There are a number of steps you can take to minimize your risk of getting the flu as well as to reduce the likelihood of spreading the flu to others if you should become sick.
- Practice good hand hygiene by washing your hands with soap and water, especially after coughing or sneezing. Alcohol-based hand cleaners also are effective.
- Practice respiratory etiquette by covering your mouth and nose with a tissue when you cough or sneeze. If you don't have a tissue, cough or sneeze into your elbow or shoulder, not into your hands. Avoid touching your eyes, nose, or mouth; germs are spread this way.
- Know the signs and symptoms of the flu. A fever is a temperature taken with a thermometer that is equal to or greater than 100 degrees Fahrenheit or 38 degrees Celsius. Look for possible signs of fever (i.e. the person feels very warm, has a flushed appearance, or is sweating or shivering).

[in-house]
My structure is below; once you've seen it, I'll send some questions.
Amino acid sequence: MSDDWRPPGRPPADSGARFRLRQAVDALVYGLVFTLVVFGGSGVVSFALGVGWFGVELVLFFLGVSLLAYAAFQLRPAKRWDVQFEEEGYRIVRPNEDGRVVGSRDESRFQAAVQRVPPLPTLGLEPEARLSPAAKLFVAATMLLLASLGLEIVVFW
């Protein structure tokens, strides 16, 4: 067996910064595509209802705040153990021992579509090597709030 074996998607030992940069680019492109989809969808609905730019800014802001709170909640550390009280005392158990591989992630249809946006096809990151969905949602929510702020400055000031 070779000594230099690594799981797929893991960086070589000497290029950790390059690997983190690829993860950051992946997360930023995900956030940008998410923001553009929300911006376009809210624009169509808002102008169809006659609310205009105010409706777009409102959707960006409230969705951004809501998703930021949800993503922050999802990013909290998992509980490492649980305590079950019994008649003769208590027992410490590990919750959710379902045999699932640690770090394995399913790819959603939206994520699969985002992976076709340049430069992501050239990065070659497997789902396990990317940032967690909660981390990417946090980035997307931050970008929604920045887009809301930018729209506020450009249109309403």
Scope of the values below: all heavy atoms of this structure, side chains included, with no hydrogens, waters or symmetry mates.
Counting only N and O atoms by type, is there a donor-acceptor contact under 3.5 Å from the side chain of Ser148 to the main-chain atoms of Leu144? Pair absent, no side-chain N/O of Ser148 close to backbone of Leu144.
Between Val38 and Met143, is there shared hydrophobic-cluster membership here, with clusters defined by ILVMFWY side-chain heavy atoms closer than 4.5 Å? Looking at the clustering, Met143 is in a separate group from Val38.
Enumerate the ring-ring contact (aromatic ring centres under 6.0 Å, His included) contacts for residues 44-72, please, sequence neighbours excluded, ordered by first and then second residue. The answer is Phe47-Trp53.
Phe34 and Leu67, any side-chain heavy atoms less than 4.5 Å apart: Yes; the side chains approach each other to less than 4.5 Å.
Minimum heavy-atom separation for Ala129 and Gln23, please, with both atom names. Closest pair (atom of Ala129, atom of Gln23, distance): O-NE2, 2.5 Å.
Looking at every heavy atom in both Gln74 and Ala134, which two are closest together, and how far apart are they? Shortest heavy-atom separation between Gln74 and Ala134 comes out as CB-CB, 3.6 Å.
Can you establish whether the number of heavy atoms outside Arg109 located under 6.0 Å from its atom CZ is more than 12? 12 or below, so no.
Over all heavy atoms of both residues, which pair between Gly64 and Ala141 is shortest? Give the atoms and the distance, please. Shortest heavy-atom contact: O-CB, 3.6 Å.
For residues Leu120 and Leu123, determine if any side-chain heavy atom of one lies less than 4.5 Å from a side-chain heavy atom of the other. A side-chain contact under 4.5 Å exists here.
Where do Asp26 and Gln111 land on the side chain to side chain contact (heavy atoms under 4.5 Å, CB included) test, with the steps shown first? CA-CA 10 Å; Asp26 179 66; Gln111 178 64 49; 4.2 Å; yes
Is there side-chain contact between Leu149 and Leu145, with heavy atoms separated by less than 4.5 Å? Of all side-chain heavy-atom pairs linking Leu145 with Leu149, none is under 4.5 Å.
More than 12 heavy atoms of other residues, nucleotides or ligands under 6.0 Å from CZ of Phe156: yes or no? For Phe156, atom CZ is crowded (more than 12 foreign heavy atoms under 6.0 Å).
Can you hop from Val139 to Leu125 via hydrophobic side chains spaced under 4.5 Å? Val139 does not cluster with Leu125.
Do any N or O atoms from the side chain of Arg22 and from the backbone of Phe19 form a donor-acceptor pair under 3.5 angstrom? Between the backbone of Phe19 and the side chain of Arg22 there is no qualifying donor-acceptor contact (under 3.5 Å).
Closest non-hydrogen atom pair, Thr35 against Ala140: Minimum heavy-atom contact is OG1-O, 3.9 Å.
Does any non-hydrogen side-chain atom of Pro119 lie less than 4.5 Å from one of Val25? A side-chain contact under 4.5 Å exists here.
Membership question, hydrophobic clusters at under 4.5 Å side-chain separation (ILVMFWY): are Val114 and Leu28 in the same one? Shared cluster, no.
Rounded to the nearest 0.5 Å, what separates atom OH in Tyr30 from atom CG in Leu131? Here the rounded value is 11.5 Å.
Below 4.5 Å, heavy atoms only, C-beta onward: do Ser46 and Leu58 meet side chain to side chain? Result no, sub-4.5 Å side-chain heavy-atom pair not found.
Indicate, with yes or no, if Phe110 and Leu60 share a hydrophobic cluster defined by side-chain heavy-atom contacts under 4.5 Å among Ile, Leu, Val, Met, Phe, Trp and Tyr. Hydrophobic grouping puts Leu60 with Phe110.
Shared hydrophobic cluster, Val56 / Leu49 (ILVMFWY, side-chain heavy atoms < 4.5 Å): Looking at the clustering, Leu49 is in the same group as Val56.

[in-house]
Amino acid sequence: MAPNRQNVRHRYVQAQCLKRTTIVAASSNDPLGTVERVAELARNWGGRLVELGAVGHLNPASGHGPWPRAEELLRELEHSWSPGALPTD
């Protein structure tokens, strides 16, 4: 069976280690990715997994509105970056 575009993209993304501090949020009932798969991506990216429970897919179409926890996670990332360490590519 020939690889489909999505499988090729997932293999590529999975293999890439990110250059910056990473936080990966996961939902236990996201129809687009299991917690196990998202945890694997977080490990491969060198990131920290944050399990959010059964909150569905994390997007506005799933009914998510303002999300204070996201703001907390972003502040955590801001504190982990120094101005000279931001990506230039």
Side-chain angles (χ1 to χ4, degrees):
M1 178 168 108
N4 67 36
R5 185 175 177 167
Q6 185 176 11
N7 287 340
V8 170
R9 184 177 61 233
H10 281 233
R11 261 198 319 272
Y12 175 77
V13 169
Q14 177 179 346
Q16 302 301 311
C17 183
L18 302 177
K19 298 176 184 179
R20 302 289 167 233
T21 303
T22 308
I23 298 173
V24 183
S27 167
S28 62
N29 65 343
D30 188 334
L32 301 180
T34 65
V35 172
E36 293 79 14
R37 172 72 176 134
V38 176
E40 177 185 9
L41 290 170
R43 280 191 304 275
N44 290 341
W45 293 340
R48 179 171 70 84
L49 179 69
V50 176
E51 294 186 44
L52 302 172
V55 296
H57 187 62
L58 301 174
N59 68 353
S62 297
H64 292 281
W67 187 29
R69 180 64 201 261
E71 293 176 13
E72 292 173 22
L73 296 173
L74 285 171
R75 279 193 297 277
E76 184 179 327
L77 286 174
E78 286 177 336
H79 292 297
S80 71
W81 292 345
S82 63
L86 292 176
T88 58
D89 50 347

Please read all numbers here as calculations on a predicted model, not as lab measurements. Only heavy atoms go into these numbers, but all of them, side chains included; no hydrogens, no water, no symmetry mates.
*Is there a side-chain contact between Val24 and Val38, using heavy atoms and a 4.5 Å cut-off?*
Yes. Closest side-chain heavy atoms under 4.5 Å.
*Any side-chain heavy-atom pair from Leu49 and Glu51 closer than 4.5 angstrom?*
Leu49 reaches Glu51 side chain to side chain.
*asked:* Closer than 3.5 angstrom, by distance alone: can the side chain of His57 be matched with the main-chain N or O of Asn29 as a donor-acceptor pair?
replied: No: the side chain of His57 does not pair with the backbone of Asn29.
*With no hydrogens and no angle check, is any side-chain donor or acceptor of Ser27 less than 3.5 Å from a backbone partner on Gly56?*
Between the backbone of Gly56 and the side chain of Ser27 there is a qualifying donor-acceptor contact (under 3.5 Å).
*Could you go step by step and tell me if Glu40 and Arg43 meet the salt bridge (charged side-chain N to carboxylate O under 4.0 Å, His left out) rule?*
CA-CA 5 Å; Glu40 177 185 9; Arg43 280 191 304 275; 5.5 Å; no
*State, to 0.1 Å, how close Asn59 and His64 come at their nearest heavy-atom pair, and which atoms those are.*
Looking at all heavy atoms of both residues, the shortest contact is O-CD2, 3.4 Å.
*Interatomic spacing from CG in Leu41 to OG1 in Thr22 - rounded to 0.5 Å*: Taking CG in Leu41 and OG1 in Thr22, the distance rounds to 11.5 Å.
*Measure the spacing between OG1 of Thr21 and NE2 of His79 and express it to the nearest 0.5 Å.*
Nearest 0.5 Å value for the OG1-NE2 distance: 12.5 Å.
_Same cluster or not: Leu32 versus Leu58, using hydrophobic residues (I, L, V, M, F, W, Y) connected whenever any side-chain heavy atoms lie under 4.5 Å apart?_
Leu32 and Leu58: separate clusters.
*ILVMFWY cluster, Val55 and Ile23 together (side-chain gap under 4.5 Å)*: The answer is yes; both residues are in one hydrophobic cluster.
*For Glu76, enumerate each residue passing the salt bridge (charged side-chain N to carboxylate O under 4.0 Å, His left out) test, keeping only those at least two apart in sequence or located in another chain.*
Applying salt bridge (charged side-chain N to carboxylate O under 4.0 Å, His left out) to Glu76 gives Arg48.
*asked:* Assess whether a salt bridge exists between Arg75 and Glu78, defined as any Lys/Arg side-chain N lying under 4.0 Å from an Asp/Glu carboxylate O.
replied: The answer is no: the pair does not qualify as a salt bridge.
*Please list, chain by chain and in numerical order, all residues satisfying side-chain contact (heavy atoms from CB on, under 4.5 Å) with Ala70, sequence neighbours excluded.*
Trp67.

- Stay home if you have flu or flu-like illness for at least 24 hours after you no longer have a fever (100 degrees Fahrenheit or 38 degrees Celsius) or signs of a fever (have chills, feel very warm, have a flushed appearance, or are sweating). This should be determined without the use of fever-reducing medications (any medicine that contains ibuprofen or acetaminophen). Do not go to class or work.
Talk with your health care providers about whether you should be vaccinated for seasonal flu. Also, if you are at higher risk for complications from the 2009 H1N1 flu, you should consider getting the H1N1 vaccine when it becomes available. People at higher risk for the 2009 H1N1 flu complications include pregnant women and people with chronic medical conditions such as asthma, heart disease, or diabetes. The seasonal flu vaccine will be offered in the Student Center from 12-5 on the following dates: September 29, October 14, and October 29.